Grab a table beside the shelves that brim with foodstuffs at Épicerie l’Idéal (11 Rue d’Aubagne), a grocery store/café/deli run by a food writer and the friendliest staff. Across the street, Chez Yassine is my go-to place for Tunisian food. Though it’s a casual joint, it is often the favourite place for my friends when they visit.

Where is your go-to spot for an apéro?

Unbeatable is Café de l’Abbaye, where the tables have views of Fort St. Nicolas and Abbaye St. Victor. If you can score a seat on the skinny 1st-floor patio at Bar La Caravelle, you’ll get one of the best Vieux Port views. In summer, I escape to the tiny rooftop at Hotel Hermes, which, understandably, gets packed quickly.

Marseille Vieux Port Marseille City Visit Provence

What is your top pick for a romantic dinner?

Sepia, a bistronomy spot tucked away at the edge of a park. In the summer, the sparkling, hidden garden at Jogging is sublime. For a splurge, take a gastronomic journey together at the Michelin-starred AM by Alexandra Mazzia.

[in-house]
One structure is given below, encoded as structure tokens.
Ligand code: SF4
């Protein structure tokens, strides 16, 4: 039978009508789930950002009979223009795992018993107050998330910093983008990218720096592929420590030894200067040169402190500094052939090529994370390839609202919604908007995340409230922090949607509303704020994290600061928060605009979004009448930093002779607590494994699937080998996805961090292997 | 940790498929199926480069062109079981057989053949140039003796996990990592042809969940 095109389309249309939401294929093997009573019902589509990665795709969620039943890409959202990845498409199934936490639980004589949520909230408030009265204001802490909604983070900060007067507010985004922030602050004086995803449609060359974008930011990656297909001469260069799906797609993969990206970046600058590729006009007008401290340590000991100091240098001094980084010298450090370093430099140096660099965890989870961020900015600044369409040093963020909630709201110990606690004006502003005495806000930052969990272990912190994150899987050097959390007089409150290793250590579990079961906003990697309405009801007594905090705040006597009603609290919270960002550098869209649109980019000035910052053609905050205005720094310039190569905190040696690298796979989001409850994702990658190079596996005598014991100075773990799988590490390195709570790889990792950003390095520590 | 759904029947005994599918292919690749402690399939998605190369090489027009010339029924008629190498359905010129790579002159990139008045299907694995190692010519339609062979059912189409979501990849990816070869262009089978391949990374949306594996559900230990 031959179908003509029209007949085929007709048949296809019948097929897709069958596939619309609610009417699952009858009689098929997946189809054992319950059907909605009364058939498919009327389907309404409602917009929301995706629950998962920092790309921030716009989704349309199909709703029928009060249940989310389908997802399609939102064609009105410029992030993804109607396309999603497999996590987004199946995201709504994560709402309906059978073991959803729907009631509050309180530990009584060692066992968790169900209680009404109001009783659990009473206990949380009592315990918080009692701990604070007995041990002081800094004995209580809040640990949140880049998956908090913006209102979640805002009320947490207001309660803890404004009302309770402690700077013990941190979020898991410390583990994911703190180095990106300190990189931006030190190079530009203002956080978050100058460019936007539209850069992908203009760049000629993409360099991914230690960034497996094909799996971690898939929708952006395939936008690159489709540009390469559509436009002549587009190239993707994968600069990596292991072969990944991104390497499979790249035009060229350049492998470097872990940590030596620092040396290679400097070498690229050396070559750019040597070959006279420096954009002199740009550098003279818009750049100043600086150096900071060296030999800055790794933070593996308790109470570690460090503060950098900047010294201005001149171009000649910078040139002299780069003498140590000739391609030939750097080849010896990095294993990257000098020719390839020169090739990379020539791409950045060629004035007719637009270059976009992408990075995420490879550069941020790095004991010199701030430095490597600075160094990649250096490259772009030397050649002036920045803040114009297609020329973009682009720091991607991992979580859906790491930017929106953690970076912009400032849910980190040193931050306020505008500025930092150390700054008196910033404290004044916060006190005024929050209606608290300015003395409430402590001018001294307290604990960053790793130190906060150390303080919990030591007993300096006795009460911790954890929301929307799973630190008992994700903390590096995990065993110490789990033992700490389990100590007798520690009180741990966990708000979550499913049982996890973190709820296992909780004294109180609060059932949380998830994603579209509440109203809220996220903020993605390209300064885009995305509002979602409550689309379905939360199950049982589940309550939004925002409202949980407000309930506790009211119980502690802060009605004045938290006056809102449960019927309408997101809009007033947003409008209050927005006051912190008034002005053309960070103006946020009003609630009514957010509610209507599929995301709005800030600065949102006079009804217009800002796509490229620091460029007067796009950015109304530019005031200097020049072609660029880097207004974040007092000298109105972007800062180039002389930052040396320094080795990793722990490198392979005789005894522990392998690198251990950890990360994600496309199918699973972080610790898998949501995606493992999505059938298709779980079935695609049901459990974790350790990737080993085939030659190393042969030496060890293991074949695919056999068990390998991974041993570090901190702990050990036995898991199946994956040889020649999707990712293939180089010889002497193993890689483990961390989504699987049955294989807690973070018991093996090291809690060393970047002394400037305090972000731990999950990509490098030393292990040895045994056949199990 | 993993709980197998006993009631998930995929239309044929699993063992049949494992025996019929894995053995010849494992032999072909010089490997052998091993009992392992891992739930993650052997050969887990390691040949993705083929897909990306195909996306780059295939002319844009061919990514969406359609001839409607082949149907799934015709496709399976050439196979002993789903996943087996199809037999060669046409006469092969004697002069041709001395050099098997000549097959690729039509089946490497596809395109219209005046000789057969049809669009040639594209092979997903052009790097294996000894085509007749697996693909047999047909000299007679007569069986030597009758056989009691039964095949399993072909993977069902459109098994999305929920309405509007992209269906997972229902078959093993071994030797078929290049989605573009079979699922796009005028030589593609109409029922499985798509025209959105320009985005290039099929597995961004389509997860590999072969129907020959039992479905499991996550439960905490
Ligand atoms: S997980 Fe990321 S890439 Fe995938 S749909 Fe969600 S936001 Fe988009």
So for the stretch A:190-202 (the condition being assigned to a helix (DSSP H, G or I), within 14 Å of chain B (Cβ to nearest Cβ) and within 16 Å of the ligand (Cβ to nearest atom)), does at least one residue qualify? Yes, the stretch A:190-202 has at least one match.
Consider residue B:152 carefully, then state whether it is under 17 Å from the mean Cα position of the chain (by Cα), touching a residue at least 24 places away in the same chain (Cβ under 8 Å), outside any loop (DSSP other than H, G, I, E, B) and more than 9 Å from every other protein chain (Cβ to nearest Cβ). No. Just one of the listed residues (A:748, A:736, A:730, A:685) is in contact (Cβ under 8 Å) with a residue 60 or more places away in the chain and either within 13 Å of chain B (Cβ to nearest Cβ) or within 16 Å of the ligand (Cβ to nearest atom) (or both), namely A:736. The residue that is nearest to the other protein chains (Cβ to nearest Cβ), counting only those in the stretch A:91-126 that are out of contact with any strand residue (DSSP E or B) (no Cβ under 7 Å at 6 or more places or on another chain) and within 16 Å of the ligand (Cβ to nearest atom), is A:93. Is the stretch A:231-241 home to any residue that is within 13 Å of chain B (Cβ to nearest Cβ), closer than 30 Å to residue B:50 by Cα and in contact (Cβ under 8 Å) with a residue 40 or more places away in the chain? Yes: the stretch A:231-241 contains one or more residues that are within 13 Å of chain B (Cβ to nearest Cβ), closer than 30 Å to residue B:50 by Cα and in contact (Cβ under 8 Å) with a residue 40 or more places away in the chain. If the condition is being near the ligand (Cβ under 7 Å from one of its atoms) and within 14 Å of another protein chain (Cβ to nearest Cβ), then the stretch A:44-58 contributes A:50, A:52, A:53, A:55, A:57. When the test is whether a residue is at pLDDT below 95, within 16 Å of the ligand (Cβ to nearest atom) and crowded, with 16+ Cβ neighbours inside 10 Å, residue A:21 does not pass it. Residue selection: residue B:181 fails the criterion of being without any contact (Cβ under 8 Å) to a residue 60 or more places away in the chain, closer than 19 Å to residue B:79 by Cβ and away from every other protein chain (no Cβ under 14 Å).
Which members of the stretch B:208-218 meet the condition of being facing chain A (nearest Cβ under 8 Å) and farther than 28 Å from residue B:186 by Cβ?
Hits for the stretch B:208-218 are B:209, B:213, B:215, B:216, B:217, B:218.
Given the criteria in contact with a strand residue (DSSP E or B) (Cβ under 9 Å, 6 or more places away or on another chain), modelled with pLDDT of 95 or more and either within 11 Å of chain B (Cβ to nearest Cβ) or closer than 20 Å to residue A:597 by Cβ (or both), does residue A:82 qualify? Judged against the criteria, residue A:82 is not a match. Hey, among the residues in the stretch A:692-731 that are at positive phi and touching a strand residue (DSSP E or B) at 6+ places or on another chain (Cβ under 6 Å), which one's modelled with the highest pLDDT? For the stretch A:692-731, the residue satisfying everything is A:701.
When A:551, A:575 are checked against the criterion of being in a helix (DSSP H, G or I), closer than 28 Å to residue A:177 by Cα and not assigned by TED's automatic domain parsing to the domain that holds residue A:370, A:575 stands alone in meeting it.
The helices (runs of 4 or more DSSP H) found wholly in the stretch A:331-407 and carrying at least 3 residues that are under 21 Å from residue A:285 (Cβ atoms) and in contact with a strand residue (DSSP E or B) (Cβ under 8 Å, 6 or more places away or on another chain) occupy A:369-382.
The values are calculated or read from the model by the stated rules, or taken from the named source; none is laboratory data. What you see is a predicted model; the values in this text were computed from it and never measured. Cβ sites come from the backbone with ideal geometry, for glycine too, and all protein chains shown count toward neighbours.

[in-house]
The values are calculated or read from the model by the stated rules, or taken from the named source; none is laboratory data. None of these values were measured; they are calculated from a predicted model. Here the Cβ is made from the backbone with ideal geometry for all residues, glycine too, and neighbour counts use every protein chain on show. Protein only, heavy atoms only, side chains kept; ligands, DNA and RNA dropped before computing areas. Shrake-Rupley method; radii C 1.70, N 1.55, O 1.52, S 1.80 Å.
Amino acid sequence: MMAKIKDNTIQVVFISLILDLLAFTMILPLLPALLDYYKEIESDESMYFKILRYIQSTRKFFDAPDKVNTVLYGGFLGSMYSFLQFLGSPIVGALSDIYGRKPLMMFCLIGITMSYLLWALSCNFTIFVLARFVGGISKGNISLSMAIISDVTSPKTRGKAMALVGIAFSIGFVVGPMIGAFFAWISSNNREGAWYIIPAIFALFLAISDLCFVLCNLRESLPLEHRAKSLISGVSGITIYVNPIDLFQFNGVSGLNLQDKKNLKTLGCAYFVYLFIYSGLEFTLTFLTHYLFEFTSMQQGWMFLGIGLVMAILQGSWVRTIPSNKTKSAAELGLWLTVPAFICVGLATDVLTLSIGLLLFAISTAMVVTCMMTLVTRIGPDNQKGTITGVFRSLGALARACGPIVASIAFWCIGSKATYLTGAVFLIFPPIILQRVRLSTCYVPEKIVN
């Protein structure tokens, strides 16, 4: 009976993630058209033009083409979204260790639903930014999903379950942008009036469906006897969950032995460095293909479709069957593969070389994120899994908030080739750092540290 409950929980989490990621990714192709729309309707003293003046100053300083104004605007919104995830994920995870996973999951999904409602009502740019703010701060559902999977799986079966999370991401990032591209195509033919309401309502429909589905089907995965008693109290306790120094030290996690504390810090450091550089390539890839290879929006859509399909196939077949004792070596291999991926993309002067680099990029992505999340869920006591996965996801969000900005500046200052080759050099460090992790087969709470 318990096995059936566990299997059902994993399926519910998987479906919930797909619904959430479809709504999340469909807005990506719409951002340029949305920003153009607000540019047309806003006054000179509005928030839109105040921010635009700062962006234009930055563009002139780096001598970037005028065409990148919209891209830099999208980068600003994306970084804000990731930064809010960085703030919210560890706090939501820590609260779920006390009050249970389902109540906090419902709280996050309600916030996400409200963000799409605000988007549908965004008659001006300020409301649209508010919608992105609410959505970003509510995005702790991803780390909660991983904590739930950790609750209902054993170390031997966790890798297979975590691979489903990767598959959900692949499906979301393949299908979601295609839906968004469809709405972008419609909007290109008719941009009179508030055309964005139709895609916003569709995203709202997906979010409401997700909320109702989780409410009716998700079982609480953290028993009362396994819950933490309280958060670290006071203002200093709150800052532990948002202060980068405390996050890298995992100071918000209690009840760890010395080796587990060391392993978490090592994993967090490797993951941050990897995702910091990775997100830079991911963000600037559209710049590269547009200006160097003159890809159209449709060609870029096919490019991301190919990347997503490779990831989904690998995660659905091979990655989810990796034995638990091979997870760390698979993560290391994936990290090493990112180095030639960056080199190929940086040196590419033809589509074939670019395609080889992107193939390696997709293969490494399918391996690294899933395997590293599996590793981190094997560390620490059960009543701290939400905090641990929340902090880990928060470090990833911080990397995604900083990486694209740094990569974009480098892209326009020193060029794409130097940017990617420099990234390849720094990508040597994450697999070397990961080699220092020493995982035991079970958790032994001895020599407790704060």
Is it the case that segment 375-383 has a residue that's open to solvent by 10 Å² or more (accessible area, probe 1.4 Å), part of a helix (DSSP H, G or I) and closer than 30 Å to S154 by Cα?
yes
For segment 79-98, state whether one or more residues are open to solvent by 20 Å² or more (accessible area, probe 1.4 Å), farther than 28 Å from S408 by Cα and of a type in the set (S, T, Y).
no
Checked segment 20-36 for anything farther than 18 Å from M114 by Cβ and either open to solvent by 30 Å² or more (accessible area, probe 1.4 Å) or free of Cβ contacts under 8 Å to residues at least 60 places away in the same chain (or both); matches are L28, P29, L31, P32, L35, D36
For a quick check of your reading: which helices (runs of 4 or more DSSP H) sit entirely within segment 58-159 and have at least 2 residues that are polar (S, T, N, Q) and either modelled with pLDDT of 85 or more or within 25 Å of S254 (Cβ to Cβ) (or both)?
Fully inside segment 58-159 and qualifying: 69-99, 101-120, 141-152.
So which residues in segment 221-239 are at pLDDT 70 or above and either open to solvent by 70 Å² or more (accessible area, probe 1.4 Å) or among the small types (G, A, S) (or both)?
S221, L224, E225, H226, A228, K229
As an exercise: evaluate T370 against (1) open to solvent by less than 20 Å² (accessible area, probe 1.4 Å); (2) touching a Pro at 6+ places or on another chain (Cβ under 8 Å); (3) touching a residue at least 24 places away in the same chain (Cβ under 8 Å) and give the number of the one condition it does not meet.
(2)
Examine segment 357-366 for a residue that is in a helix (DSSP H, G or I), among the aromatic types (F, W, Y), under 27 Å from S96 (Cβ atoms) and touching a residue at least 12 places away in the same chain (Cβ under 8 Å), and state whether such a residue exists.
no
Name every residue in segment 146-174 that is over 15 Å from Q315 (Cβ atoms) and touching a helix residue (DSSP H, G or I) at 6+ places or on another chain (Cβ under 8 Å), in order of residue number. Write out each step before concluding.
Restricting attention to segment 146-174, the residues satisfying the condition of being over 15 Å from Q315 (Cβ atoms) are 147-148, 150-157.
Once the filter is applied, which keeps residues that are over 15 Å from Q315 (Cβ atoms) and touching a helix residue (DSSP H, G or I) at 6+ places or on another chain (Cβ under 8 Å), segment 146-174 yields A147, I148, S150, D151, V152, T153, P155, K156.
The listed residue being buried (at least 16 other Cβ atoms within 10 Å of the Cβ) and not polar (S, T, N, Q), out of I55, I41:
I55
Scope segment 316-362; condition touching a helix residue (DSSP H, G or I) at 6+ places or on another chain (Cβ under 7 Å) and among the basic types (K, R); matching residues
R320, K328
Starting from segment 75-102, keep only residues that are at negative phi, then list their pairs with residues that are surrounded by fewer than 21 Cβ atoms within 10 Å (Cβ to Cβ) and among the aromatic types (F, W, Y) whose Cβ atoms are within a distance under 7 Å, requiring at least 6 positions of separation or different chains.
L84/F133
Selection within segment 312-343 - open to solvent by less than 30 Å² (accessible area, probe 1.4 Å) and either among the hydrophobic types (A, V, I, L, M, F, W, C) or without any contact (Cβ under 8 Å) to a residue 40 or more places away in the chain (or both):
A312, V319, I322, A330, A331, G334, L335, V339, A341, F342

Where do you like to go for dinner with friends?

This former New Yorker loves that Marseille is also a pizza town. Chez Etienne or La Bonne Mère serve up the city’s best pies in convivial settings. I like tucking into Les Buvards, a cozy wine bar with comfort food.

What is your pick for family-friendly dining?

La Bonne Mère pizzeria. Maheva, the owner, loves kids, who draw pictures to post on the wall. You must reserve – it’s tiny!

Food Samples New Food Tour Marseille

Shopping in Marseille

Where do you head to for clothes shopping?

Sessun, a local women’s clothing designer whose feminine pieces are made with the loveliest fabrics, or Whisper/116 rue Sainte, a well-curated multi-brand shop with French/Euro brands.

What about shopping for home decor?

Honoré, a local designer who stocks kitchenware and home goods along her line of furniture or Jiji Palme D’Or, who sources North African treasures like colourful bowls and carpets.